Bhairava

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For the raga in Hindustani classical music, see Bhairav (raga). For the 2001 film, see Bhairav (film).
Bhairava
Destruction (guard god)
Bhairava
Devanagari भैरव
Affiliation Aspect of Shiva
Weapon Trishula
Consort Bhairavi
Mount Dog

Bhairava (Sanskrit, "Terrible, Frightful") is a Hindu deity, a fierce manifestation of Shiva associated with annihilation.[1][2][3][4] Bhairava originated in Hindu legends and is sacred to Hindus, Buddhists and Jains alike. He is worshiped throughout India and Nepal.[5][6]

Bhairava is the wandering form of Lord Shiva and they guard the cardinal points. There are sixty four Bhairava's. These sixty four Bhairava's are grouped under eight categories and each category is headed by one major Bhairava. The major eight Bhairava's are called Aṣṭāṅga Bhairava's. The Ashta Bhairava's control the eight directions of this universe. Each Bhairava has eight sub Bhairavas under them, totaling 64 Bhairava's. All of the Bhairavas are ruled and controlled by Maha Swarna Kala Bhairava otherwise known as Kala Bhairava, who is the supreme ruler of time of this universe as per Hindu scriptures. Bhairavi is the consort of Kala Bhairava[7] Bhairava is also called as protector, as he guards the eight directions of the universe. In all Hindu temples, there will be a Bhairava idol. This Bhairava is the protector of the temple. In Shiva temples, when the temple is closed, the keys are placed before Bhairava. Bhairava is also described as the protector of women. He is described as the protector of the timid and in general women who are timid in nature.[8][9]

Legends[edit]

Bhairava with his consort, Bhairavi

The word Bhairava originates from the word bhīru, which means fearful. Bhairava means terribly fearful form. The right interpretation is that he protects his devotees from dreadful enemies, greed, lust and anger. Bhairava protects his devotees from these enemies. These enemies are dangerous as they never allow us to seek God within. There is also another interpretation. Bha means creation, ra means sustenance and va means destruction. Therefore, Bhairava is the one who creates, sustains and dissolves the three stages of life. Therefore, he becomes the ultimate or the supreme.[10]

The origin of Bhairava can be traced to a conversation between Brahma and Vishnu which is recounted in the Shiv Mahapuran. In it, Vishnu inquired of Brahma, "Who is the supreme creator of the Universe?" Arrogantly, Brahma told Vishnu to worship him as Supreme Creator. One day, Brahma thought "I have five heads. Shiva also has five heads. I can do everything that Shiva does and therefore I am Shiva." Brahma became a little egotistical as a result of this. Additionally, he began to forge the work of Shiva and also started interfering in what Shiva was supposed to be doing. Consequently, Mahadeva (Shiva) threw a small nail from his finger which assumed the form of Kala Bhairava and casually went to cut off one of Brahma's heads. The skull of Brahma is held in the hands of Kala Bhairava; Brahma Kapala in the hands of Kala Bhairava and Brahma’s ego was destroyed and he became enlightened. From then on, he became useful to himself, to the world and deeply grateful to Shiva. In the form of the Kala Bhairava, Shiva is said to be guarding each of these Shaktipeeths. Each Shaktipeeth temple is accompanied by a temple dedicated to Bhairava.[11][12]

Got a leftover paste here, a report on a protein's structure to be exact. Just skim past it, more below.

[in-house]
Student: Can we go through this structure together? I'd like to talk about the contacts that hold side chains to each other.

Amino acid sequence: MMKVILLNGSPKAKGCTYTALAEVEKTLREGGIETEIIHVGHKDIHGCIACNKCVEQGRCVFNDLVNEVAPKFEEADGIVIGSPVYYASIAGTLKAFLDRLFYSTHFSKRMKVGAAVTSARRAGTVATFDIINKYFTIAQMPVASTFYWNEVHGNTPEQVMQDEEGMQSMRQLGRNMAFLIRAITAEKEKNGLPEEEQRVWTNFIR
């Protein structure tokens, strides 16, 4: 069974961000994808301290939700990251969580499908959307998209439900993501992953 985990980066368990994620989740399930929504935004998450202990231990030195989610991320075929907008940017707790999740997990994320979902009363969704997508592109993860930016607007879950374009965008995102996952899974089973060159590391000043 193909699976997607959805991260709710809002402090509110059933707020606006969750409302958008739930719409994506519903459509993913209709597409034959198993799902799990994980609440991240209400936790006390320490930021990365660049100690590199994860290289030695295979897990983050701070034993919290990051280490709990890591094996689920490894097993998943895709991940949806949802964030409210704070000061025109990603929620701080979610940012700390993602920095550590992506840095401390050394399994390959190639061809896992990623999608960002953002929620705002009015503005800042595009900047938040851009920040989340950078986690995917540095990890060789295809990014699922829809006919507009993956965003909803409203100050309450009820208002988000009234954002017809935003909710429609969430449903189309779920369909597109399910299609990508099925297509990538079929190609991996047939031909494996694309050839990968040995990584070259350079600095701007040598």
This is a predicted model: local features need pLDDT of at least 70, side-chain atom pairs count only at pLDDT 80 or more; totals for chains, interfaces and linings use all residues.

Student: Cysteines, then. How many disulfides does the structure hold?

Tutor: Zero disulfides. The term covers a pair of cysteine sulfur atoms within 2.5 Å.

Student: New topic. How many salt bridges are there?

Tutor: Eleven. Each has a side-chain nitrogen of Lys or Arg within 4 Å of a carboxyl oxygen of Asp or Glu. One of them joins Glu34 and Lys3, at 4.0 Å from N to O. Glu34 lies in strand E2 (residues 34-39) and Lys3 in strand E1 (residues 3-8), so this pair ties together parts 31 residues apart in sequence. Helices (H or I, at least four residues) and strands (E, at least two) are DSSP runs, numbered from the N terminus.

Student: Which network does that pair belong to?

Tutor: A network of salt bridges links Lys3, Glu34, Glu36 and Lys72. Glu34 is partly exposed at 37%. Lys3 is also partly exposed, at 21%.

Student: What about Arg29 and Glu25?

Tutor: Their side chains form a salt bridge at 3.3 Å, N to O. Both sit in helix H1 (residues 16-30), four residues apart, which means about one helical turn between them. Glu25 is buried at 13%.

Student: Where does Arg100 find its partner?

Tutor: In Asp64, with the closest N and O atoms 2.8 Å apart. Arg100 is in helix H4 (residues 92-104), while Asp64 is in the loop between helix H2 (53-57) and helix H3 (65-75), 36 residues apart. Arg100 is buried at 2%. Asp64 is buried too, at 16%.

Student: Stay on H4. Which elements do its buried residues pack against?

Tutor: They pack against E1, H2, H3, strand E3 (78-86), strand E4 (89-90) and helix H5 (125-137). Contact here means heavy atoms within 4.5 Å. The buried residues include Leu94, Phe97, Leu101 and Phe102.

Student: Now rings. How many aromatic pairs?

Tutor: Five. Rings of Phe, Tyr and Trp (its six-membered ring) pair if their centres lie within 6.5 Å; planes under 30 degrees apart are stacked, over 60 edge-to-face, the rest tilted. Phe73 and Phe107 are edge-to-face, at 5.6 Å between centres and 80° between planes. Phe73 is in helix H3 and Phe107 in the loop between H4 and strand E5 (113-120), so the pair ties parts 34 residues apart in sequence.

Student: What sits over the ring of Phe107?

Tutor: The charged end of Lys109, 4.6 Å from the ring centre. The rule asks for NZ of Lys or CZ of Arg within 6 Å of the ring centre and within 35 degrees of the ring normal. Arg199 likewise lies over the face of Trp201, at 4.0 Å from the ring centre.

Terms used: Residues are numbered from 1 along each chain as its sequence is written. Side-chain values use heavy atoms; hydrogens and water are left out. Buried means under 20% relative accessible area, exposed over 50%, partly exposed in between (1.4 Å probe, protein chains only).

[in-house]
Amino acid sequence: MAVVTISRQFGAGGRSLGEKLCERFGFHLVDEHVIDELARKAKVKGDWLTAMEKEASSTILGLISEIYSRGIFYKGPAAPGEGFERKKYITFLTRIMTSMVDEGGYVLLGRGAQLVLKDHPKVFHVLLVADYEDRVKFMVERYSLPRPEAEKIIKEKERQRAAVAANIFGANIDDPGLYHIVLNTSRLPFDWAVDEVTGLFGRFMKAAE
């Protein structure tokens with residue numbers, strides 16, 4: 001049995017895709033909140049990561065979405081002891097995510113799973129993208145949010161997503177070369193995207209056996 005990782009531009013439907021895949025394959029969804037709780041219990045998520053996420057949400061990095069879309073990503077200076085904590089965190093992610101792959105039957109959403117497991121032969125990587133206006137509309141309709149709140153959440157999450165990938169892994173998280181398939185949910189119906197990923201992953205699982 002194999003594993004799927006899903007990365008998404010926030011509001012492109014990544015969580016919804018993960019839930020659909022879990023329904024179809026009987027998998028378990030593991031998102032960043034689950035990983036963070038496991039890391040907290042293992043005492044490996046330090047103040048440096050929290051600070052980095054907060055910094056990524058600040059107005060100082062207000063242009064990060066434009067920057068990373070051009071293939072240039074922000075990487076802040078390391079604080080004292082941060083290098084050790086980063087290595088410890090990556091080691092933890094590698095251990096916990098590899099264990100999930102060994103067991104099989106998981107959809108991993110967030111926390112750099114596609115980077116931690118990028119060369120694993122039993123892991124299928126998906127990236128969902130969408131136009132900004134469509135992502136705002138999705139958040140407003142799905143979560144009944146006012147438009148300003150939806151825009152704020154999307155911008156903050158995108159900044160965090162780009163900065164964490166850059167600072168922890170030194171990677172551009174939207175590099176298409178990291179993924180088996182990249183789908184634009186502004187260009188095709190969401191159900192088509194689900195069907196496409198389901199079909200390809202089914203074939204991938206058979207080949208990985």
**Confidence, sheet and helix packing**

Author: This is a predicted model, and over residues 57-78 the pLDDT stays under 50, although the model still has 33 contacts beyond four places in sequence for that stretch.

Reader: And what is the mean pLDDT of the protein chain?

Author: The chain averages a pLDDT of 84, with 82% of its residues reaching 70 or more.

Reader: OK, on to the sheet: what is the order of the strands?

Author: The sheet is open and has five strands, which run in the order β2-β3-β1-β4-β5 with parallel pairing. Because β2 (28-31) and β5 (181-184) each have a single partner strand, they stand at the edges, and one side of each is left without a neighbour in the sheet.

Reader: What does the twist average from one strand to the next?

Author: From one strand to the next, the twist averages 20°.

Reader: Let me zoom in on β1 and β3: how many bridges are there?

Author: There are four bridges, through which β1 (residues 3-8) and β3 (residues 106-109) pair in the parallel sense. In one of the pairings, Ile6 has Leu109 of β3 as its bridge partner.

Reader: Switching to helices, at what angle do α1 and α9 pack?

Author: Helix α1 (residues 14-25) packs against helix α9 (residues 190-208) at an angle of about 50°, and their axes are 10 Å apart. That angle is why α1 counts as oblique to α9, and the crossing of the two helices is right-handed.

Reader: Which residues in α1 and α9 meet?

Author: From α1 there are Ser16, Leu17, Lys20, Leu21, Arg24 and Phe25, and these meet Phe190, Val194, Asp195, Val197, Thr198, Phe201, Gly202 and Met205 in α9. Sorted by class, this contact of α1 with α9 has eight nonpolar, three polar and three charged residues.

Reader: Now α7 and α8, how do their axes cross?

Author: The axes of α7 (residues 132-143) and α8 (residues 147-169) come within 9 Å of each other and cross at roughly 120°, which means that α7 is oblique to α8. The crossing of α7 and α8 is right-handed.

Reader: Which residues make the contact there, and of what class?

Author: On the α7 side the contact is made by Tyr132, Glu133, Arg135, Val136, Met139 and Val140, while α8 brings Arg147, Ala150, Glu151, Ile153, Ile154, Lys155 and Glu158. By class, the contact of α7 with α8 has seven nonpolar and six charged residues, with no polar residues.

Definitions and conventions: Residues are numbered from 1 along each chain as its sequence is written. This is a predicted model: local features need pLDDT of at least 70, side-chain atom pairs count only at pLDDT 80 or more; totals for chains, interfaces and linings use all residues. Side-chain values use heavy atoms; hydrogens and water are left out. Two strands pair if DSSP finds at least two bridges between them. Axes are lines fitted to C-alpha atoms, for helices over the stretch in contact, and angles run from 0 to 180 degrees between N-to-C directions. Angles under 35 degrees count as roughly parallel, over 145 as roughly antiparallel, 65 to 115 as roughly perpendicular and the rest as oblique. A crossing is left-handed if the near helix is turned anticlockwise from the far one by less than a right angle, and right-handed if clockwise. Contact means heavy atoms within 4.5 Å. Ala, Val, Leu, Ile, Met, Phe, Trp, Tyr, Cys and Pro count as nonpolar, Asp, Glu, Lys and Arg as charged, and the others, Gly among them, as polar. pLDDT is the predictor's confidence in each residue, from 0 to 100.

There is another school of thought which says that Shiva himself crated Bhairava. There was one demon by name Dahurāsuraṇ who got a boon that he could be killed only by a woman. Kali was invoked by Parvati to kill him. The wrath of Kali killed the demon. After killing the demon, her wrath metamorphosed as a child. Kali fed the child with her milk. Shiva made both Kali and the child to merge with him. From this merged form of Shiva, Bhairava appeared in his eight forms (Aṣṭāṅga Bhairava's). Since Bhairava was thus created by Shiva, he is said to be one of the sons of Shiva.[13]

Puranas too give different versions of Bhairava. In this version there was a war between gods and demons. To eradicate the demons, Shiva created Kala Bhairava from whom Aṣṭāṅga Bhairava's were created. These Ashta Bhairava's got married to Ashta Matrikas. These Ashta Bhairava's and Ashta Matrika's have dreadful forms. From these Ashta Bhairava's and Ashta Matrika's, 64 Bhairava's and 64 Yogini's were created.[14]

Normally in Shiva temples idols of Bhairava are situated in the north facing, southern facing direction. He is also called Kṣetrapāla. He appears in a standing position with four hands. His weapons are drum, pāśa (noose), trident and skull. In some forms of Bhairava, there are more than four hands. He appears without dress and with a dog. His weapons, dog, protruding teeth, terrifying looks, garland with red flowers all these give him frightening appearance.[15][16]